Hydronephrosis in Ferrets
Usually one-sided and occurring secondary to complete or partial obstruction of the kidney or ureter by kidney stones, tumor, trauma or disease, hydronephrosis causes fluid buildup in the ferret’s kidney. It can be seen in either gender, though it is more common in young females, especially those that have been spayed, which may cause inadvertent cuts on the ureter during the procedure.
Symptoms and Types
Some ferrets may be without overt symptoms, while others may display one or many of the following:
- Loss of appetite (anorexia)
- Excessive thirst and urination (polydipsia and polyuria, respectively)
- Blood in urine (hematuria)
- Signs of uremia
- Bad breath (halitosis)
- Mouth sores
- Lower back pain
- Abdominal pain and distension
- Any cause of ureteral obstruction, including stones, cancer, prostate disease, abscesses, cysts, blood clot, or other mass.
- Inadvertent ligation of the ureter during spaying
Your veterinarian will perform a complete physical exam on your ferret after taking a thorough medical history, including recent activities that may have precipitated the symptoms. Standard laboratory tests include a blood chemical profile, a complete blood count, an electrolyte panel, and a urinalysis to rule out or confirm other causes of disease. Abdominal x-rays and an ultrasounds are a couple other important tools for diagnosing hydronephrosis and its underlying cause.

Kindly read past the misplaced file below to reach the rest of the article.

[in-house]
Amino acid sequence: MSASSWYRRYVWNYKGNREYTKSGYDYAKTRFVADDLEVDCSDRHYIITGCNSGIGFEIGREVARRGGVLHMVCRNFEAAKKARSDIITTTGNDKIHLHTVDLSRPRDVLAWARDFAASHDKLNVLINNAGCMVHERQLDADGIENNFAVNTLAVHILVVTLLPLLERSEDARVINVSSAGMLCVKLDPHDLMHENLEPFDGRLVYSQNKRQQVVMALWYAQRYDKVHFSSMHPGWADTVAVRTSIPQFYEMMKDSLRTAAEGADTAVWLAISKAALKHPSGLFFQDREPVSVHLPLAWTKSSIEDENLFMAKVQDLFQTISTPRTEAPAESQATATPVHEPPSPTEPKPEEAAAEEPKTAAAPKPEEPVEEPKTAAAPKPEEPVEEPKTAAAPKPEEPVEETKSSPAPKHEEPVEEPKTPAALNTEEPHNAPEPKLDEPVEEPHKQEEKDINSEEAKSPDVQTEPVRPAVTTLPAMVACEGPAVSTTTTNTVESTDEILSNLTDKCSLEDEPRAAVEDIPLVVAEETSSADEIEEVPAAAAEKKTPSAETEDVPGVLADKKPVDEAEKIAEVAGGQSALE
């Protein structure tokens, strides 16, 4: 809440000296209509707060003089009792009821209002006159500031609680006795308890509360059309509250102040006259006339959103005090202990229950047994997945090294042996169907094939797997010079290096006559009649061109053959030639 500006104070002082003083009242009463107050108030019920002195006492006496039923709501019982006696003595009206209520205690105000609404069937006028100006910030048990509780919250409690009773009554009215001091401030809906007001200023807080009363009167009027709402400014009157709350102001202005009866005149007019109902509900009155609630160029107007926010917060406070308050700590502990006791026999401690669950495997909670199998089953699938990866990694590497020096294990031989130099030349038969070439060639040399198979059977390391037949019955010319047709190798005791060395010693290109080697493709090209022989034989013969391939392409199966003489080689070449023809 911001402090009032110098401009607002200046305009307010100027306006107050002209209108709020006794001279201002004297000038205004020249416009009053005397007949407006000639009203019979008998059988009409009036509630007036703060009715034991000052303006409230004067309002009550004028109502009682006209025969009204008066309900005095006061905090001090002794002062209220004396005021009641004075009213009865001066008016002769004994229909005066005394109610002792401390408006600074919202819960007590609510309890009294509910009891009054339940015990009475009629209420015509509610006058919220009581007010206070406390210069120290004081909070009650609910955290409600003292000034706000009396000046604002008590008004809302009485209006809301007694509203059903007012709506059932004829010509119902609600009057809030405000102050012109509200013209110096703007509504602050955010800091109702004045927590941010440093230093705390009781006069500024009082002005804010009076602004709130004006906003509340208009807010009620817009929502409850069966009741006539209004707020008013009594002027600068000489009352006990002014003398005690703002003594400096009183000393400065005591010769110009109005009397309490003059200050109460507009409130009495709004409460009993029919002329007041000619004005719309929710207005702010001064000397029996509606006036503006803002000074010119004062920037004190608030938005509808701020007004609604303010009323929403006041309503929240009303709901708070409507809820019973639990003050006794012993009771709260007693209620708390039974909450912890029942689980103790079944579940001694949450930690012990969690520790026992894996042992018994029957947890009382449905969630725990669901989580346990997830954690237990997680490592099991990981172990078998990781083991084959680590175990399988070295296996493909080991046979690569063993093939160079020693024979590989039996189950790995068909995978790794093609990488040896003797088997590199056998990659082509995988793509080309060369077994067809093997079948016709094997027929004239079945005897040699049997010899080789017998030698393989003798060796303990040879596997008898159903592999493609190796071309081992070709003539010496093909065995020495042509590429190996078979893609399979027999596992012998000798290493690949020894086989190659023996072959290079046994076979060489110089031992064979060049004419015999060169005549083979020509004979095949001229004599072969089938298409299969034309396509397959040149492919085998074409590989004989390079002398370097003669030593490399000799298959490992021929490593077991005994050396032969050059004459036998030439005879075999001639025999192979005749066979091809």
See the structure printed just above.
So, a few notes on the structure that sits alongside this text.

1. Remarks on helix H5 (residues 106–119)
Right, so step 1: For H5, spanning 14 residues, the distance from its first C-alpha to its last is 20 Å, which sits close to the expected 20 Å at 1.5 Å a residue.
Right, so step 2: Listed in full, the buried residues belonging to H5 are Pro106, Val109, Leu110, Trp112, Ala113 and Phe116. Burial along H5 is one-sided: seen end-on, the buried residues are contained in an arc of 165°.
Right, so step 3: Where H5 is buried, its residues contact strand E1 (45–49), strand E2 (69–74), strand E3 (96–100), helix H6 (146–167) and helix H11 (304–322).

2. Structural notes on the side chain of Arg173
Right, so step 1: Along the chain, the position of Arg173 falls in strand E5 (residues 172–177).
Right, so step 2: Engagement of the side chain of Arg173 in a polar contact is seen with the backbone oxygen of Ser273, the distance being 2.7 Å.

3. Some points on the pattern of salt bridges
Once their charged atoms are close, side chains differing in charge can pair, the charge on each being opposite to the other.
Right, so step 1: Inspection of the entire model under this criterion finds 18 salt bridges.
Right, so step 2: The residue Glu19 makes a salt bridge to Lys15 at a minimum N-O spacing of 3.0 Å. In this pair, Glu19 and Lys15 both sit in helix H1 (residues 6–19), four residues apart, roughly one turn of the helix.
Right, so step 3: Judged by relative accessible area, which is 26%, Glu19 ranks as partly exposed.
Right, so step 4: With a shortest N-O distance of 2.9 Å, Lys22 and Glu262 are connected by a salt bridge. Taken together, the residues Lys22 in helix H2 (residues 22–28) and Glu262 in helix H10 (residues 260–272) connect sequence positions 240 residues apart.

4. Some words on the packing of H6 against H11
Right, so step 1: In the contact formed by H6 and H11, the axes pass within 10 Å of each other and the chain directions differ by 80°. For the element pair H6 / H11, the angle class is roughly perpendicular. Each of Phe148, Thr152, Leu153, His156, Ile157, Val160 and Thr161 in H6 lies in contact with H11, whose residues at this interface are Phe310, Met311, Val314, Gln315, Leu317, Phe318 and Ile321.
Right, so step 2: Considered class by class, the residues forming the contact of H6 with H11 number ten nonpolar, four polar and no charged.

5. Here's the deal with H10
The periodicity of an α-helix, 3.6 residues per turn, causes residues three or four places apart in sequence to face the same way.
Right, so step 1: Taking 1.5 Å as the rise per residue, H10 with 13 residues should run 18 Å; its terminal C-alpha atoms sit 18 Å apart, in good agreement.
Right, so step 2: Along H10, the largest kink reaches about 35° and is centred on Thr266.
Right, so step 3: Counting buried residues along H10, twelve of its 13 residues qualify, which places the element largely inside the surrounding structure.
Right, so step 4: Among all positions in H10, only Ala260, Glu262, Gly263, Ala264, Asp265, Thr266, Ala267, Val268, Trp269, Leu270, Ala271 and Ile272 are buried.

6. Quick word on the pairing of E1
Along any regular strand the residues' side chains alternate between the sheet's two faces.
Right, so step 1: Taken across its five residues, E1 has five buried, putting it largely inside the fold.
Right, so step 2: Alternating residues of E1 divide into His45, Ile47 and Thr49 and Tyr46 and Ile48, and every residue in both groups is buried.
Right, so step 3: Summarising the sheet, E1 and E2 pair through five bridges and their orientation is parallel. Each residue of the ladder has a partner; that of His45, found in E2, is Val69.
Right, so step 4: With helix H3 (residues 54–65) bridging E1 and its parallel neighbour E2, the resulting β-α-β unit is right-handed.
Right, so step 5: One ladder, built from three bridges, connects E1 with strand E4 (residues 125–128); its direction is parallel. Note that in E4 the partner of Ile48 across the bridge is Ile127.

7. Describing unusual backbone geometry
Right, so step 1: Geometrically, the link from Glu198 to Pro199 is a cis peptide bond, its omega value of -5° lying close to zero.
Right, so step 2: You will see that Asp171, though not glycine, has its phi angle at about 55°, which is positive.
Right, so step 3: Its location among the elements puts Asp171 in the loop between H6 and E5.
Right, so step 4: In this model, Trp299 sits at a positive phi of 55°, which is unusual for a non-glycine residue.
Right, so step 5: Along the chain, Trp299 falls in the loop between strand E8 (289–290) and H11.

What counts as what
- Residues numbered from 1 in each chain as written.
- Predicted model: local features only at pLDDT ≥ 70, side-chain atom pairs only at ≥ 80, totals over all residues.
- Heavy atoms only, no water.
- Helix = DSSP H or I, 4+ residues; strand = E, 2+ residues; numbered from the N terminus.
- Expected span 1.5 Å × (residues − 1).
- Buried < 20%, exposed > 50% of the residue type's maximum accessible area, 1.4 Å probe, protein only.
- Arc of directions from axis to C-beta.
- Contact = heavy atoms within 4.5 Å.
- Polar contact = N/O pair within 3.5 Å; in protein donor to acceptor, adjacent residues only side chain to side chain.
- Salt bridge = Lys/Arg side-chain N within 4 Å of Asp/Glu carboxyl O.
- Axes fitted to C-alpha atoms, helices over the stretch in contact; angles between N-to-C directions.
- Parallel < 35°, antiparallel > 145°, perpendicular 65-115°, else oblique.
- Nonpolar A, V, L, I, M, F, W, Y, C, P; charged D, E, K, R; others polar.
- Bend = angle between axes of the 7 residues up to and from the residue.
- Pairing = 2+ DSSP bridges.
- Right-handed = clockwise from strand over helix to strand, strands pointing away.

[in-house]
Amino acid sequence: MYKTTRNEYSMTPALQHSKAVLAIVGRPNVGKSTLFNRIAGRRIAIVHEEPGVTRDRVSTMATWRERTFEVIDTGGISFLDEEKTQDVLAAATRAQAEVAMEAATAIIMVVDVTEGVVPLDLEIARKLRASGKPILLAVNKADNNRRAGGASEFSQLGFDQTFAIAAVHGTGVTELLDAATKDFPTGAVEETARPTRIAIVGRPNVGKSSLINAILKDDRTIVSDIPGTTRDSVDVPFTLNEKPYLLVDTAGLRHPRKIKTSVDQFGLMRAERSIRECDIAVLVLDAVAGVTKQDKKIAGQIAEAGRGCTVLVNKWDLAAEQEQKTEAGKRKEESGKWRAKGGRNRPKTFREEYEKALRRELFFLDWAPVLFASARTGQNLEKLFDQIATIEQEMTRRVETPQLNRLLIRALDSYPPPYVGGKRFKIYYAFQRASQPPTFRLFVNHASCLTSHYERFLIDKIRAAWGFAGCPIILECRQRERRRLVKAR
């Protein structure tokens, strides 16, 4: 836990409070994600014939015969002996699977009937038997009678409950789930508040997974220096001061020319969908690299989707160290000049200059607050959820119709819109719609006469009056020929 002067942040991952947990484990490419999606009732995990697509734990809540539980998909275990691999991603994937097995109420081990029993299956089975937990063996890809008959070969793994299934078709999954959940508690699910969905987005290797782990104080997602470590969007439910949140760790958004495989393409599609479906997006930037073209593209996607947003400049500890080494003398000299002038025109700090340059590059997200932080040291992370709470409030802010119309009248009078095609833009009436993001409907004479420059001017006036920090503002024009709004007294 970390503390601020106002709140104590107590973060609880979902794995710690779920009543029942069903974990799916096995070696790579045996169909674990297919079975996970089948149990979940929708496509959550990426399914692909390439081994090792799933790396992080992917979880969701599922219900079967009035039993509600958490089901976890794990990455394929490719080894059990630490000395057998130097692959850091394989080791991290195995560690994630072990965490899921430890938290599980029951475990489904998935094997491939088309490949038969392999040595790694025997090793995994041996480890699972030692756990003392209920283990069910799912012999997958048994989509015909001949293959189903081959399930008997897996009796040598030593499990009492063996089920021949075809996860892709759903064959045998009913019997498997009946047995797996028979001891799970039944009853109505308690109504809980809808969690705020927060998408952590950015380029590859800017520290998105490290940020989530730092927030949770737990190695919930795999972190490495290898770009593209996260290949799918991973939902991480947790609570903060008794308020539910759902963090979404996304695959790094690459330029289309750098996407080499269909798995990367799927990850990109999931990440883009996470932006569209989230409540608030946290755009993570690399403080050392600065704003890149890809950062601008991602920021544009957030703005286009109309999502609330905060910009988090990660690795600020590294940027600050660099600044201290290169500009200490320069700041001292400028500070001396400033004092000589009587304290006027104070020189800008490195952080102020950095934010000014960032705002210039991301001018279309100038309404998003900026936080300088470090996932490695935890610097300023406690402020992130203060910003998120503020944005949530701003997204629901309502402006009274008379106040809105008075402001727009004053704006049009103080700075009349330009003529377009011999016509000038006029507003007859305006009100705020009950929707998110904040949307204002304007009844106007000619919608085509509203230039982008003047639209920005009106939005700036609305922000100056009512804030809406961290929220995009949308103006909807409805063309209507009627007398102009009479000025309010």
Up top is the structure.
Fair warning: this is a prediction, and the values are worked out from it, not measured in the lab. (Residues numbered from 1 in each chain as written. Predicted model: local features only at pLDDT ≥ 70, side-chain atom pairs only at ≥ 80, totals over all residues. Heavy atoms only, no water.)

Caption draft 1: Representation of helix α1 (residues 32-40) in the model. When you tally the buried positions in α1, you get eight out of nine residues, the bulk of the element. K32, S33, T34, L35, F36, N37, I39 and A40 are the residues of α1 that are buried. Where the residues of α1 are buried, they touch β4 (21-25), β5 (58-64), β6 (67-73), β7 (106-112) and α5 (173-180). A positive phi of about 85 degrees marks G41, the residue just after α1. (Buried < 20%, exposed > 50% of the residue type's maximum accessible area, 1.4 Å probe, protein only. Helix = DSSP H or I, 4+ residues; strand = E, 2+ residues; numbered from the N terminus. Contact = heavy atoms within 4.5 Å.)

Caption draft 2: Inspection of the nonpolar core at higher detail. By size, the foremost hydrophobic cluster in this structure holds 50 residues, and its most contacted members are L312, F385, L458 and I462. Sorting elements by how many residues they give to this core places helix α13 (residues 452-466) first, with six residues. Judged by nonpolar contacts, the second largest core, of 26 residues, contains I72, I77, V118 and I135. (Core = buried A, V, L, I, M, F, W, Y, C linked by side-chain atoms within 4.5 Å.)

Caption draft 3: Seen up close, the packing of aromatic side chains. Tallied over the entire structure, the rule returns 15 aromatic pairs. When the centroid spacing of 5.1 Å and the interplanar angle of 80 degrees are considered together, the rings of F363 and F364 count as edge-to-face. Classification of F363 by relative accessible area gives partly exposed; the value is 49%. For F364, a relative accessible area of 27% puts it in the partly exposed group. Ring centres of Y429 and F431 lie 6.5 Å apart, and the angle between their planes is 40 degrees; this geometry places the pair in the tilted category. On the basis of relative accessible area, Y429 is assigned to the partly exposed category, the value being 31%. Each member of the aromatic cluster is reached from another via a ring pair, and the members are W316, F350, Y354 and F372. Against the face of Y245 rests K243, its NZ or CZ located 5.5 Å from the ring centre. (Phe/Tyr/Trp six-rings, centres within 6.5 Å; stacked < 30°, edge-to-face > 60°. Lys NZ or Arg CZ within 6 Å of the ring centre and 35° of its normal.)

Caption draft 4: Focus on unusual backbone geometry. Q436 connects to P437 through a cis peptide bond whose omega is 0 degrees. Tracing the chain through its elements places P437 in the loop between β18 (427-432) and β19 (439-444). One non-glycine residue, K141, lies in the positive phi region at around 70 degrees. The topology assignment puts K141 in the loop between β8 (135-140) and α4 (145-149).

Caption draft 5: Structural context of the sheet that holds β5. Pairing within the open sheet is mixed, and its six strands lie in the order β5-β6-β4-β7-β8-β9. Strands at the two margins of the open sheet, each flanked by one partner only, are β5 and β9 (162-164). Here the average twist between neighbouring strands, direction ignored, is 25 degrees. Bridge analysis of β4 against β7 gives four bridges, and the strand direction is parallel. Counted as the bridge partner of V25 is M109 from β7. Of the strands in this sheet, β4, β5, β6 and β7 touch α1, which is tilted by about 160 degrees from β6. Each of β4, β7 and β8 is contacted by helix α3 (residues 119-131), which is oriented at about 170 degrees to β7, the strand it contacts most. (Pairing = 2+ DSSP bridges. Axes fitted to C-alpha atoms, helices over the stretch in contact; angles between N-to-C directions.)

Waste in the blood; may also be referred to as uremic poisoning.
The tubular shaft found between the kidneys and the bladder
An in-depth examination of the properties of urine; used to determine the presence or absence of illness
The prediction of a disease’s outcome in advance
A medical condition involving excessive thirst
The dilation of the pelvis due to obstruction of urine
The actions involved in tying something
Blood in the urine